The purpose of this blog to understand what true happiness is. To do that, we must first look closely at what we mean when we think about happiness now. Some of the concepts that make up the happiness idea are ingrained in us for a long time. We believe in them, we cherish them, and we feel reluctant to think they may not be exactly what we believe they are. One of such notions is parenting and children.
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Parenthood and children are sacred topics in the discussion of happiness.
Vast majority of us knows that children bring meaning and happiness in our lives. Kids are our continuation, our legacies, our pride and joy, the most important task of our lives.
As a mother, I have these feeling myself. But because we all are brought up with the notions that children are the meaning of our lives and bring us only joy, sometimes I feel guilty and inadequate when I do not feel this way. And having discussed parenthood with many parents, I know a lot of people feel the same way.
Kids make us happy, for sure. They give us purpose. They give us love and admiration. They make us feel fulfilled. They are some of the closest people to us. They brighten our days with their wonder, their smiles, their achievements.
But they also make us miserable, angry, and frustrated. It is a package deal.
New mothers may get postpartum blues or even a full blown depression right after child birth, and it is only the beginning of the full range of parenting emotions.
If we are honest with ourselves, we know that as the kids grow up, they do not make us happy when they defy us, do not do as we say (even though it is always for their own benefit!), disrespect us, forget to call when they are older, never clean their rooms… the list goes on and on. Parents also feel stressed about their children’s’ future and wellbeing.
Some kids are more difficult than others; some have personality traits we do not like, some do not have personality traits that we would like, some have physical or mental disabilities that challenge their parents’ level of happiness.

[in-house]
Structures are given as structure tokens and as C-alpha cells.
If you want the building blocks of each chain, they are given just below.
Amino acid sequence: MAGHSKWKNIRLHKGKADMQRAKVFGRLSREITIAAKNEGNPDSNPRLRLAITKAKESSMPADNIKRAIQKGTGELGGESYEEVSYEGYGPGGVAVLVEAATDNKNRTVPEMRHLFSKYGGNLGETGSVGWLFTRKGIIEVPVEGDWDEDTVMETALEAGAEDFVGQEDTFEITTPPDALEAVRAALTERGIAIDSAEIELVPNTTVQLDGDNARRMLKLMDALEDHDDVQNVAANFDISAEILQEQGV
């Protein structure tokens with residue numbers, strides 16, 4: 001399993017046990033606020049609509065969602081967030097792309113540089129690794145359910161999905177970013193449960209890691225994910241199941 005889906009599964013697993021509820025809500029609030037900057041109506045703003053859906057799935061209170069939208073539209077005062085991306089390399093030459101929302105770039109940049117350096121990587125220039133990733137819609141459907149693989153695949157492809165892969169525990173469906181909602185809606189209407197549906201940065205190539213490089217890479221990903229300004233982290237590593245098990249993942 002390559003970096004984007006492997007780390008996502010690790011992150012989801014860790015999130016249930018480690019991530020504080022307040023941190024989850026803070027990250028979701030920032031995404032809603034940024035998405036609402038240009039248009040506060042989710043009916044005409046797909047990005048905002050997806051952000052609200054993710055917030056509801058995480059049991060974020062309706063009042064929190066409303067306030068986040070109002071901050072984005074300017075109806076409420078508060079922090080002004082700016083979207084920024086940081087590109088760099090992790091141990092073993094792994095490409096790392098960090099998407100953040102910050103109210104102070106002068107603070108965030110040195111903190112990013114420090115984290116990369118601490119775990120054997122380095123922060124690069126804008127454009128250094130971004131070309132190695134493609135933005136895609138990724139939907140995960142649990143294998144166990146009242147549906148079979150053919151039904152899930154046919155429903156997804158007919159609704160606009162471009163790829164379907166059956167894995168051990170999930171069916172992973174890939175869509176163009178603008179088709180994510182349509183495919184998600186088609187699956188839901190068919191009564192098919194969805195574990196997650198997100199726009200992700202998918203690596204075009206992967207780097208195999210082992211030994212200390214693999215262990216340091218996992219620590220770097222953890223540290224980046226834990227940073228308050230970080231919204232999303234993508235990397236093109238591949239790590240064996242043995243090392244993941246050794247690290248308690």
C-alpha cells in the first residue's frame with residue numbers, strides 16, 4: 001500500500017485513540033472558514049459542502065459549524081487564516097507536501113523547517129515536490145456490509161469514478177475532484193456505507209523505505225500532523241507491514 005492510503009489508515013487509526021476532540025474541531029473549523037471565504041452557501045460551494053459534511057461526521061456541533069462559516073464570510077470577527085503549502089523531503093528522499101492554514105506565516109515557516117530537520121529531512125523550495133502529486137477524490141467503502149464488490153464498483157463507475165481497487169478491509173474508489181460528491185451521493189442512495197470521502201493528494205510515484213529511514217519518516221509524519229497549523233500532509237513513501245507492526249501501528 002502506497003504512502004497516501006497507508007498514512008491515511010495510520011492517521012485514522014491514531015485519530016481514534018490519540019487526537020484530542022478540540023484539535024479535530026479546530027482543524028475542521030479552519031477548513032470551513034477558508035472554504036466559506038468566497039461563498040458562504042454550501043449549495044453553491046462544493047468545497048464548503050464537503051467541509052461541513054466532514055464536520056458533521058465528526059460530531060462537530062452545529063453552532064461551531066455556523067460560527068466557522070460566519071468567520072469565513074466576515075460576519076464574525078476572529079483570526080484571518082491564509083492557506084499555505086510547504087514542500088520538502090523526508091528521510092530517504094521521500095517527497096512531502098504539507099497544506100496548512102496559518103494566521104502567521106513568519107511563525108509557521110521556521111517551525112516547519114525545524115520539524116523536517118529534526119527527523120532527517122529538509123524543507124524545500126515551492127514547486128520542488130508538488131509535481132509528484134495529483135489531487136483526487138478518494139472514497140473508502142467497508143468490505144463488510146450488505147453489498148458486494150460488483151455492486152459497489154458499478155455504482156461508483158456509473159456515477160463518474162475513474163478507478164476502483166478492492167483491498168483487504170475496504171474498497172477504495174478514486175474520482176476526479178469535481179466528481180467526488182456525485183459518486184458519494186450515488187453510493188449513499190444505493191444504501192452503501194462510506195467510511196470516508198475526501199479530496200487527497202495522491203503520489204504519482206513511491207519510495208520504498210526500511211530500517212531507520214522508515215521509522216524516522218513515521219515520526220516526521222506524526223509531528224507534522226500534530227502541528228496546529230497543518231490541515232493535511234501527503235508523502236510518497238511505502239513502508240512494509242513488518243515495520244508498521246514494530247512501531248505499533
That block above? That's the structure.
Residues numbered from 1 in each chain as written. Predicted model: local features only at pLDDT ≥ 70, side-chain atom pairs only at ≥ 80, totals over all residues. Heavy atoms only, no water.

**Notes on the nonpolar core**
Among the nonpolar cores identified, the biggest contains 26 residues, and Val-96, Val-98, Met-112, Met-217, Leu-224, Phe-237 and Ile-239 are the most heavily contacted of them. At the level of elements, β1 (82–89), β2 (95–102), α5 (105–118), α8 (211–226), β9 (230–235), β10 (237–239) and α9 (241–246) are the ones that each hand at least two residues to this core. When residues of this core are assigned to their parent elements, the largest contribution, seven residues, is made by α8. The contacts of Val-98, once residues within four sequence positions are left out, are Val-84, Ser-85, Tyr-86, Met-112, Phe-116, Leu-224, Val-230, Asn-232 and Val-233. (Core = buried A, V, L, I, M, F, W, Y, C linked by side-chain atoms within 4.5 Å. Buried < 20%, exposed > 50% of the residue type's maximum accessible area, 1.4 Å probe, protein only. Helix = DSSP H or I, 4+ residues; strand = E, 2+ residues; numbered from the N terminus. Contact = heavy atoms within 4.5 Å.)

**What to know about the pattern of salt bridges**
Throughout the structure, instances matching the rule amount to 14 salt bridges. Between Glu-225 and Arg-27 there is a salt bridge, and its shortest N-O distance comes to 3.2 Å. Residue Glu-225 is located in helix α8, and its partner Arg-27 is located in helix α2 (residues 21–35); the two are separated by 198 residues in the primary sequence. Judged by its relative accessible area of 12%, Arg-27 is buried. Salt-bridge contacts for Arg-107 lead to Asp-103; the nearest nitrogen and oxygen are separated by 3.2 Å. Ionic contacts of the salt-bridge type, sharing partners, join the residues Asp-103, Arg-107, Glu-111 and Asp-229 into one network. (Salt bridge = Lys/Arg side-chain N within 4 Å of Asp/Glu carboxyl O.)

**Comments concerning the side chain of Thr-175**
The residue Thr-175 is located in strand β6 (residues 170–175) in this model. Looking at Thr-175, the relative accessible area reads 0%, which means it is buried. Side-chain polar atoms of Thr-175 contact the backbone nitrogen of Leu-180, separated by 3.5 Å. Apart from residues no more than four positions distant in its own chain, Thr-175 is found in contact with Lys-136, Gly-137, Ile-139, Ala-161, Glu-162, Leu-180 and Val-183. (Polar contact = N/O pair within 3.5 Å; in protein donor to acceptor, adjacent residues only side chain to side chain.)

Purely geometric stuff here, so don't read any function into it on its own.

Sometimes, we feel that we are happy (or have to be happy) despite all that, or maybe even because of all that trouble. We give our children so much time, attention, blood, sweat and tears. It would be strange to devote all of that to the rearing of our young if they didn't bring us some happiness, right?
Some research proofs that people with children live longer than their childless counterparts. Some research proofs the exact opposite, stating that all the worries that come with parenthood shorten our lifespan. Daniel Gilbert, a professor of psychology at Harvard University, states that when couples have children, happiness levels plummet. Couples only recover their blissful existence once their offspring have left the nest. Psychologists have also found that couples with children are less satisfied with their marriage than those without.
As parents, we may feel resentful reading those research findings. From an evolutionary point of view we are programmed to procreate. From cultural point of view we are programmed that our lives are not complete if we do not have children. It does not make sense that having children makes us unhappy.
It is undisputable that parenthood causes lots emotions in all parents (both positive and negative). It seems that children have the power of making us happy, but they do not necessarily do. If people do not have children, their lives are not devoid of meaning and happiness (although it may feel this way to some). And the fact that someone has children does not automatically indicate that they are happy and their life is meaningful (although it may feel this way to some).
Ultimately, our true happiness does not depend on such important factor as children. It does not depend on any other outside phenomena, such as money, success, friends, pets, or anything else (some more major than others). True happiness depends on our attitude toward any outside phenomena. Nothing can make us happy (or miserable) except ourselves, not even our kids.
Marriage without children the key to bliss. By Kate Devlin. http://www.telegraph.co.uk/news/1941195/Marriage-without-children-the-key-to-bliss.html